Lately I have been wondering if that is the most efficient
approach. Since from the student's point of view it is all new
anyway, perhaps there would be a benefit in starting with the
most profound principles and working from there. This particular
notion is presently only half-baked in my mind so we will proceed
from Newton onwards as is the custom.
With that in mind, I recommend that beginning students work
with the course that is named, without much imagination,
Physics-1. There are two ways to go. My recommendation is that
you download the free program and install it on your computer.
The Physics-1 program has been tested in Windows XP, Win 7 32 bit and 64 bit and Win 8 32 bit and 64 bit.
The installation program in which it is wrapped will match the installation to
your operating system. The installed size of the program on the hard
drive is about 2 megabytes. Before running the installation file, see the
for detailed suggestions on the steps to follow in installation. Click on the Physics-1 Install link and
click on "Run". Depending on the security system settings
you have, you will probably have to, in spite of perhaps multiple dire warnings, "Allow" the program to
access your computer.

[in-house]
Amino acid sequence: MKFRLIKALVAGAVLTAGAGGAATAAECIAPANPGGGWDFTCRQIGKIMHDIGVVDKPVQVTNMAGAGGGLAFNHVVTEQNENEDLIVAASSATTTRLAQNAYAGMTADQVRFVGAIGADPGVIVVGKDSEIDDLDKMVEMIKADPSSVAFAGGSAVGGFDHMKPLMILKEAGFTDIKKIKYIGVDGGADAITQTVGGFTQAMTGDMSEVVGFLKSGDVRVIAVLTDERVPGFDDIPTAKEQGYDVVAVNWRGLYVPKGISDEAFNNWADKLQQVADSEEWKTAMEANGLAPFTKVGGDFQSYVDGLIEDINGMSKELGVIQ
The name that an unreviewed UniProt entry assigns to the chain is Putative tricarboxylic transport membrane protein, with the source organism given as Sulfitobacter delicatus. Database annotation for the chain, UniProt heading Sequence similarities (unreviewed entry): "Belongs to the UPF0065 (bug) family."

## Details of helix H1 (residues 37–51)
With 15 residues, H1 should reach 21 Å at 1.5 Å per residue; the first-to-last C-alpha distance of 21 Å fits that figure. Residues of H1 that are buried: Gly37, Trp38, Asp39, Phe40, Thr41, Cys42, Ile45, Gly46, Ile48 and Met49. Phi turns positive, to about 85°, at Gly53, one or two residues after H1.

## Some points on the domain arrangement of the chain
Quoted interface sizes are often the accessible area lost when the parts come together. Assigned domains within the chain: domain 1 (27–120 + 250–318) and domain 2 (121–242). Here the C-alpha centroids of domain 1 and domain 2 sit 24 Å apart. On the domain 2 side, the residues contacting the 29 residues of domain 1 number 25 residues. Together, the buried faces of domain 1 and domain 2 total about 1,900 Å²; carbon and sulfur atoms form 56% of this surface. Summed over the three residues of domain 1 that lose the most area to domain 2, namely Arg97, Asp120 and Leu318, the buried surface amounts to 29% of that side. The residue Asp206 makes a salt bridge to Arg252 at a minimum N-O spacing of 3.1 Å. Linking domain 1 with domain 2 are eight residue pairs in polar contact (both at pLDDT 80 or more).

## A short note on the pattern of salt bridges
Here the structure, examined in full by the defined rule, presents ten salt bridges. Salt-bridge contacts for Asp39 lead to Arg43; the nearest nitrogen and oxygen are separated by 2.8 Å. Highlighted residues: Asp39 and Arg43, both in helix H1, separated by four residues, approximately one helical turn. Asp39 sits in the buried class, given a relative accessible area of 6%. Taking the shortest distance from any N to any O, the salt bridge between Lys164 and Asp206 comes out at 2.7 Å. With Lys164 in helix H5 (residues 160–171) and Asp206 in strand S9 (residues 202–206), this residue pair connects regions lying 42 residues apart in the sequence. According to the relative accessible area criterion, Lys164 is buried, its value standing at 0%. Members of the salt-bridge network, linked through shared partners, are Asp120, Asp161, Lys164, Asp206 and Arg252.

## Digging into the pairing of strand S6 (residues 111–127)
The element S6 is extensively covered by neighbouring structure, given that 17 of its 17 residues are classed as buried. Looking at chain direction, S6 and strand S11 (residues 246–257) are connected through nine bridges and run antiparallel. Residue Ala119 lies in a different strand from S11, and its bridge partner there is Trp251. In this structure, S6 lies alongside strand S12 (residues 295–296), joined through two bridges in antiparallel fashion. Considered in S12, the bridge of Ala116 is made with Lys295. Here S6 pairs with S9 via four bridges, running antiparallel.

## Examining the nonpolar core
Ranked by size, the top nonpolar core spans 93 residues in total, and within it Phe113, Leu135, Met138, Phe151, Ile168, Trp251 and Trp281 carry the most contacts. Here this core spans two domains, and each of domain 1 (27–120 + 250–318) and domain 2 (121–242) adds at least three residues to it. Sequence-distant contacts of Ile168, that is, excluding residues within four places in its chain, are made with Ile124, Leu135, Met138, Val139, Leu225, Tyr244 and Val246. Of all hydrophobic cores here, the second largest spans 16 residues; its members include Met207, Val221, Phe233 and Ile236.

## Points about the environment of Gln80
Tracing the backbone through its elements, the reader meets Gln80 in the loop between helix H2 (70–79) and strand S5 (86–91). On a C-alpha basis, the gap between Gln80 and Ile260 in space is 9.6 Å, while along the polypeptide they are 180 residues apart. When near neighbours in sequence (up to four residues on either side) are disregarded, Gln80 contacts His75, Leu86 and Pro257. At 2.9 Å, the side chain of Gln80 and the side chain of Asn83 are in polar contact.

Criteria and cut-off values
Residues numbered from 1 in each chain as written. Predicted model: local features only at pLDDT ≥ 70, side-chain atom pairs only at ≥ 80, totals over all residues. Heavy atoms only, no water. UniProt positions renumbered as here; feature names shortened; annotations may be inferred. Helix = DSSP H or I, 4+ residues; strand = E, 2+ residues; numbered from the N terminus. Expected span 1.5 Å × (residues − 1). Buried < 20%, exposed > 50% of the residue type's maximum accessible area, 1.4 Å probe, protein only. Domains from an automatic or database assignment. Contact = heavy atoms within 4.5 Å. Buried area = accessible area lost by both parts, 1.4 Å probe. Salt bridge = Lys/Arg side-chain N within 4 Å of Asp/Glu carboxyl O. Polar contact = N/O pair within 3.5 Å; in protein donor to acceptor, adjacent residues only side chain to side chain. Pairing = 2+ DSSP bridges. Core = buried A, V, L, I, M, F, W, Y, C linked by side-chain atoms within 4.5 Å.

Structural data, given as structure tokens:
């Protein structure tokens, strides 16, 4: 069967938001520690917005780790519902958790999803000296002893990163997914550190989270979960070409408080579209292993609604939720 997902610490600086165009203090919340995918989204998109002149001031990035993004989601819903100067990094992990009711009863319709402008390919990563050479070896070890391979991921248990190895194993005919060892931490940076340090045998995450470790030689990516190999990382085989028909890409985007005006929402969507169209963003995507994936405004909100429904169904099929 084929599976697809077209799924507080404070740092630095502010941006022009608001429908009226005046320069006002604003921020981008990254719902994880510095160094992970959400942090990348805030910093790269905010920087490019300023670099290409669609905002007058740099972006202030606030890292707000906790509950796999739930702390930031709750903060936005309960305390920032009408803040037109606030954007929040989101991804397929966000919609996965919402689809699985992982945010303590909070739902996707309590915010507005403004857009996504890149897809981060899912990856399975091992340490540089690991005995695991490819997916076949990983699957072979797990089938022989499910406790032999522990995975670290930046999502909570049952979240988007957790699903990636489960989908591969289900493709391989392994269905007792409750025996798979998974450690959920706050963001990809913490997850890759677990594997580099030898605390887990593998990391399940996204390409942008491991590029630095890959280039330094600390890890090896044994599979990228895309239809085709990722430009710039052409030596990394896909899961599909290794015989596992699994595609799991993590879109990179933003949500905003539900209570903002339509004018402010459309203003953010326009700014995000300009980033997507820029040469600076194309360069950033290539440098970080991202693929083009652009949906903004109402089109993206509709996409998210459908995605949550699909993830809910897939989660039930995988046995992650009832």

I have made available an online version that lacks some of
the convenience and power of the native version, running Java
applets rather than native code. The contents of the course is
the same in either version.
Unfortunately the Oracle
Corporation, which now manages the Java programming language, in 2014
implemented a security change that prevents applets that have been
running without problems for decades from working. I have decided to
leave the online version available because the text gives you a
good idea of the contents of the downloadable program. You will
not be able to use the dynamic illustrations until Oracle fixes
Both versions were last updated several years ago when
M Casco Associates was selling the course.
You may see some reference to the commercial operation in the
text. Someday I may do a re-write to clean that up but since I
retired I have been too busy to get to it yet.
Just click on the online version link above to get